Consumer Reports Finds Dangerous Levels of Arsenic in Apple, Grape Juice Samples

Following its recent study that found potentially dangerous levels of arsenic and lead in samples of apple and grape juice, Consumers Union, a consumer advocacy group, recommended that the Food and Drug Administration (FDA) establish new thresholds for toxin levels in juice products. The results of the report come two months after Dr. Mehmet Oz issued a contentious warning that some brands of apple juice contained higher than normal levels of arsenic.

Consumer Reports, the research arm of Consumer Union, tested 88 samples of apple and grape juice from five well-known brands, including Mott’s, Minute Maid and Welch’s, and found that 10 percent of the samples surpassed government drinking-water standards of 10 parts per billion (ppb), and 25 percent of the samples had lead levels higher than the bottled-water limit of 5 ppb. Most of the arsenic detected in the tests was inorganic, a type that is a human carcinogen and known to cause cancer at very high levels of consumption.

Although the FDA has established a specific “level of concern” for inorganic arsenic in apple juice at 23 ppb, Consumer Reports called the guideline “an inadequate reference point for establishing a protective limit for public health.” The FDA has set the recommended maximum level for lead in fruit juice at 50 ppb.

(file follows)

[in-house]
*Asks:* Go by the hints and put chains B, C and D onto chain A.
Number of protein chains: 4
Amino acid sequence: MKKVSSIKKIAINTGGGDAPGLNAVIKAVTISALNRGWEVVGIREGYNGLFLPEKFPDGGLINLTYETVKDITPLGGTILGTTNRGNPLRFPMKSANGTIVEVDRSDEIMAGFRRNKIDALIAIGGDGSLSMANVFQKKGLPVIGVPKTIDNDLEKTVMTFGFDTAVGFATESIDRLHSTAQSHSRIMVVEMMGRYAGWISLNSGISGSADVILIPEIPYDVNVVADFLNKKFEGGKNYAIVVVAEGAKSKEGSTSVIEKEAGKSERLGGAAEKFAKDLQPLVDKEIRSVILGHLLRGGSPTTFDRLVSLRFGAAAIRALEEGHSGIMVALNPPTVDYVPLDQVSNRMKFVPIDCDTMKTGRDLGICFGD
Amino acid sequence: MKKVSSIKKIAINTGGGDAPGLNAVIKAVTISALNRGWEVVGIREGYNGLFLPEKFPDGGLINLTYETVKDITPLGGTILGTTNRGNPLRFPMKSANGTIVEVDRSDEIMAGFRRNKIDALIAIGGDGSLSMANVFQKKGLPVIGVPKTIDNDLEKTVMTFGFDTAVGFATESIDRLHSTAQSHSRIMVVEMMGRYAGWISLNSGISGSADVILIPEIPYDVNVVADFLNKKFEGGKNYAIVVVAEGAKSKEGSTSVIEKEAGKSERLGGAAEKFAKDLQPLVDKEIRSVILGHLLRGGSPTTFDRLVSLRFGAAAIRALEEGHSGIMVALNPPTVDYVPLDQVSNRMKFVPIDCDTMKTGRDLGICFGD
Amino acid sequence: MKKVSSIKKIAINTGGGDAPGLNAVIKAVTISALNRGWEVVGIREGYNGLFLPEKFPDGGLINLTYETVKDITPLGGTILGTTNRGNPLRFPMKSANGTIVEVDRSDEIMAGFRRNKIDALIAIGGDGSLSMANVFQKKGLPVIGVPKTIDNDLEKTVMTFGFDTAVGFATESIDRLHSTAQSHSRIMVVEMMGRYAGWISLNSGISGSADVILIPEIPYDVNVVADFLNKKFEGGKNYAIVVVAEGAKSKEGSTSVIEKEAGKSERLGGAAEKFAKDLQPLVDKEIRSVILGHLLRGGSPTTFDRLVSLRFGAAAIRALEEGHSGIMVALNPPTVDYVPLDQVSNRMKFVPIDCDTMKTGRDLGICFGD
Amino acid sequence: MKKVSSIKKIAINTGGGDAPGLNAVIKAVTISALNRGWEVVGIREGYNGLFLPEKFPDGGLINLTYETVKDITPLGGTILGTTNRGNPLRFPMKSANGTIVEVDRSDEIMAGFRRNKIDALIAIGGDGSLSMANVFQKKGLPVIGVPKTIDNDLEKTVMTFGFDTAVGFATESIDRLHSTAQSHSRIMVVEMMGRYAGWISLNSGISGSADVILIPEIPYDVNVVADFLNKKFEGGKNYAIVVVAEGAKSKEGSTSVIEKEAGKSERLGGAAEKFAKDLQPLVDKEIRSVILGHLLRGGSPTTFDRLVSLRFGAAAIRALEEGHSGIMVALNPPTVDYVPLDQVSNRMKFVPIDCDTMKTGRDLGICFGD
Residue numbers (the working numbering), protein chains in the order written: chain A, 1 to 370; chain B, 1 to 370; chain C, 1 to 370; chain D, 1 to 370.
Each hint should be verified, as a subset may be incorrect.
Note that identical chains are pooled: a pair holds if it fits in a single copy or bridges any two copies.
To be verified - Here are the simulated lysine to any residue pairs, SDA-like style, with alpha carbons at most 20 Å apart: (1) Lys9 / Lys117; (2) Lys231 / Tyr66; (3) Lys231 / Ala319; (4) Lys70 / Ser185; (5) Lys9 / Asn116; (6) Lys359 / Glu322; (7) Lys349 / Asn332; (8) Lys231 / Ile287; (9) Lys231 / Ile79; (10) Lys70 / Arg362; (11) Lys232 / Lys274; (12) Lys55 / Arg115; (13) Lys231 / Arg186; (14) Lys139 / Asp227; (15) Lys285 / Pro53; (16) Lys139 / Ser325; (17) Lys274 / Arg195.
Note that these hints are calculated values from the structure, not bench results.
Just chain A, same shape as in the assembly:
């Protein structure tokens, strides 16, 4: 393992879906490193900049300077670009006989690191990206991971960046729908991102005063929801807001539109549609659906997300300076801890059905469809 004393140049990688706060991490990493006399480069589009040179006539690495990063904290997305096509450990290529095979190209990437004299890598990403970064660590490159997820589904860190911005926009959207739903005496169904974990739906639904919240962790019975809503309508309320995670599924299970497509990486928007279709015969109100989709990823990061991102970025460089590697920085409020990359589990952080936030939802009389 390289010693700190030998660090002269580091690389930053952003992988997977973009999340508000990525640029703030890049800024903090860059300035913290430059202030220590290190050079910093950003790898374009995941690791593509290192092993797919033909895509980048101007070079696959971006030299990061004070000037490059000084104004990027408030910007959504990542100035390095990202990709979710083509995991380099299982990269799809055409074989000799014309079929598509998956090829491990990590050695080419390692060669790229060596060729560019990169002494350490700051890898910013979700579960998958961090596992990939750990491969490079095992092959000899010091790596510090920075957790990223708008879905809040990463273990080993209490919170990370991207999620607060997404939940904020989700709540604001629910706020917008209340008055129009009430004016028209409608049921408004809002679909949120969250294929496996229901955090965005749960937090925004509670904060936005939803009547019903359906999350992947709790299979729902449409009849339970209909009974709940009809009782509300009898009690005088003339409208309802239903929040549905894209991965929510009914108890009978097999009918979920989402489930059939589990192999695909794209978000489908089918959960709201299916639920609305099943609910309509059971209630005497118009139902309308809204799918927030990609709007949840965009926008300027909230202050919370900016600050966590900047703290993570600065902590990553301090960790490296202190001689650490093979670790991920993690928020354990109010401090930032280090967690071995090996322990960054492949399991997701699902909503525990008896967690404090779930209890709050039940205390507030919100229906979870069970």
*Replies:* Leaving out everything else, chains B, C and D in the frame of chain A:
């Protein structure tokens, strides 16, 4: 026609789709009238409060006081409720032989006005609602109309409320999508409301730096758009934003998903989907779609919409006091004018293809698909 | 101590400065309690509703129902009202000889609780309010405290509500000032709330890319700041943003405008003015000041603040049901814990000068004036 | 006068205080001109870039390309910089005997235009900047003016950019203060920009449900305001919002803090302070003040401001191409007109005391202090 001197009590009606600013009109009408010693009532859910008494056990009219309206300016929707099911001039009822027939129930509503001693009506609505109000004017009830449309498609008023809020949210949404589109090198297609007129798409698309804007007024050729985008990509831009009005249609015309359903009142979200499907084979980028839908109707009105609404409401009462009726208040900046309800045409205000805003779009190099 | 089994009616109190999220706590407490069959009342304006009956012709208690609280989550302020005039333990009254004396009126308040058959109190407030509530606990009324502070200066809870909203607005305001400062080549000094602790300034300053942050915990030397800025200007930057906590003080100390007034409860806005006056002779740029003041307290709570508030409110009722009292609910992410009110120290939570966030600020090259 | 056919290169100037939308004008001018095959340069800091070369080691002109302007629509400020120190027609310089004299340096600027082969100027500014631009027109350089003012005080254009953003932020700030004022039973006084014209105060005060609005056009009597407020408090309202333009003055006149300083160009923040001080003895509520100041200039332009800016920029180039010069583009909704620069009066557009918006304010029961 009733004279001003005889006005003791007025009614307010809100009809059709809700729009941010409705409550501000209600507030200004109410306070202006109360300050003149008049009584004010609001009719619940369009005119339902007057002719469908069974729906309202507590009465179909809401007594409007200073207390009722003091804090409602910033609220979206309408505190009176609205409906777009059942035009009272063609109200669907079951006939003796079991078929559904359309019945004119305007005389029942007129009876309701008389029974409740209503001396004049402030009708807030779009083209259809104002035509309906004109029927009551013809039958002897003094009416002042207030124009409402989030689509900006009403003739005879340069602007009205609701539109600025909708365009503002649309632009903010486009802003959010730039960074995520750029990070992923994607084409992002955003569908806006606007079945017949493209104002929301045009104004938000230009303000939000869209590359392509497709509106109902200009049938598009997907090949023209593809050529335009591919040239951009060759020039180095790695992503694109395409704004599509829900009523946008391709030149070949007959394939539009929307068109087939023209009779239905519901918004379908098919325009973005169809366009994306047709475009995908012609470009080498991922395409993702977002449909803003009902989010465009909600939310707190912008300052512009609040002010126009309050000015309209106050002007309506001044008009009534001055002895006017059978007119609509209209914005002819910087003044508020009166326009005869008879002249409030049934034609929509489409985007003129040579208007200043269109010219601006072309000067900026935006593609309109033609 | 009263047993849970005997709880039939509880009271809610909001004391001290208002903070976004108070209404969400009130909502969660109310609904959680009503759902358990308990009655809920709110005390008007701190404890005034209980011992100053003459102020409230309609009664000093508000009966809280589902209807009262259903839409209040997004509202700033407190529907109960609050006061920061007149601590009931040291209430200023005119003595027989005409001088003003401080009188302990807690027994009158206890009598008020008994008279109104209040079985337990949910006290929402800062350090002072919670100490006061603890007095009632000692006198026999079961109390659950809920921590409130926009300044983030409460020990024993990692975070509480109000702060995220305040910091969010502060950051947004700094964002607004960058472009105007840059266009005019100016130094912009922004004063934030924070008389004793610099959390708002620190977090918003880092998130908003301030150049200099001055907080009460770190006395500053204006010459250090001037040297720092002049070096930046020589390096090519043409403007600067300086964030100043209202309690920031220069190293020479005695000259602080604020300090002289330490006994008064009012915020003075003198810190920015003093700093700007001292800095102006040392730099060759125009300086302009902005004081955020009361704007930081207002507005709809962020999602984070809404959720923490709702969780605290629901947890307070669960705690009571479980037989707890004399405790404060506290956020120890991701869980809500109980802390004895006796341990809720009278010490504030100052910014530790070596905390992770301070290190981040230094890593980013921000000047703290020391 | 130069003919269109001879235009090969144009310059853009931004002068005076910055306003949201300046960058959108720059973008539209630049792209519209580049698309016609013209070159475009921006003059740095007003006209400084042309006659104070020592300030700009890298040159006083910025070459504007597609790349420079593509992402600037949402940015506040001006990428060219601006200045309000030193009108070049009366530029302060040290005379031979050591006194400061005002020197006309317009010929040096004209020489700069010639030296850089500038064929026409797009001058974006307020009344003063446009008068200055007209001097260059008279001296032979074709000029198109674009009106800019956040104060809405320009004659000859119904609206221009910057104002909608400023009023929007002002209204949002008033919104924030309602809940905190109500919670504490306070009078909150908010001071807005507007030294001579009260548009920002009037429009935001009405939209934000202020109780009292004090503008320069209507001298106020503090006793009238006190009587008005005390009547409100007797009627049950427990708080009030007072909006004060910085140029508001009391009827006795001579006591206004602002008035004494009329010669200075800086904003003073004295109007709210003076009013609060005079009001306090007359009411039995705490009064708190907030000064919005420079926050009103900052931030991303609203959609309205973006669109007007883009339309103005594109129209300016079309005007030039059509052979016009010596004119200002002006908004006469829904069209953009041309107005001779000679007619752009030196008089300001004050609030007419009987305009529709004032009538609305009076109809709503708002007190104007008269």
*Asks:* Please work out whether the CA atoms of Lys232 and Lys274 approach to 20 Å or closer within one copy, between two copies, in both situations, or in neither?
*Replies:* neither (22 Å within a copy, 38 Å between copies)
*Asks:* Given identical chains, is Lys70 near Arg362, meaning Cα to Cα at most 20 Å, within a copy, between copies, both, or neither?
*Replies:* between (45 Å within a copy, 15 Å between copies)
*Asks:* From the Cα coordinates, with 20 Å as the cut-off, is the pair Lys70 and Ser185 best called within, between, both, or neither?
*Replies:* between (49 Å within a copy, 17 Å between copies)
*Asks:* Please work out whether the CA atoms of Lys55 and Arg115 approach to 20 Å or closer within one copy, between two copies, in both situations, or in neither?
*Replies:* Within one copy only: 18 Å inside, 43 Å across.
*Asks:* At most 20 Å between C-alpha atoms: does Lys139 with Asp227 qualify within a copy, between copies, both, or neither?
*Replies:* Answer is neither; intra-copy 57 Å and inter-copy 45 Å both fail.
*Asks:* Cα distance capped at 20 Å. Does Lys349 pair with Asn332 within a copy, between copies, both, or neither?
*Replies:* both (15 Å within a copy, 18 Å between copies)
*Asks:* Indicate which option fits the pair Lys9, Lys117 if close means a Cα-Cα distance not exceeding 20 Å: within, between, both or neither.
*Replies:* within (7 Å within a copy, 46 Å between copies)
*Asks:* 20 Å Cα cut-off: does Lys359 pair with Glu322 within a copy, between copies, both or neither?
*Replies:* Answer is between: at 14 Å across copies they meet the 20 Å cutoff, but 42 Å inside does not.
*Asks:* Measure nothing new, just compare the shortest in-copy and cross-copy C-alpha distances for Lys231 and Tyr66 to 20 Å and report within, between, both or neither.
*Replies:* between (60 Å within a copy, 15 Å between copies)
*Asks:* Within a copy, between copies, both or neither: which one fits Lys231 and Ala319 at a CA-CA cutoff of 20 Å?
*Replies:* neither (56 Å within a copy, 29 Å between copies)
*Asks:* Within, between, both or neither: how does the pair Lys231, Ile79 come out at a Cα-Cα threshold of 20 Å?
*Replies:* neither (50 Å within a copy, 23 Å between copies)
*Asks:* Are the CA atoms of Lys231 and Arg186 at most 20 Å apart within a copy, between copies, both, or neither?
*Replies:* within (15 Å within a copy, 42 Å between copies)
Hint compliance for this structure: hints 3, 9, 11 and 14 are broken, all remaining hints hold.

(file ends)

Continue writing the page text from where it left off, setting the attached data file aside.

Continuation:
The Juice Products Association (JPA) quickly issued a statement in response to the Consumer Reports study stating that, “juice is safe for consumers of all ages.” The JPA pointed out that “none of the juice samples tested by Consumer Reports exceeded the 23 ppb level of concern for inorganic arsenic or the maximum [FDA] level for lead in fruit juice.”

While the FDA did not immediately issue a response to the Consumer Reports study, the government agency recently sent a letter to two consumer groups, which stated that “monitoring has found that total arsenic levels in apple juice are typically low.” However, the FDA added that that it was “seriously considering setting guidance or other level for inorganic arsenic in apple juice and collecting all relevant information to evaluate and determine an appropriate level.”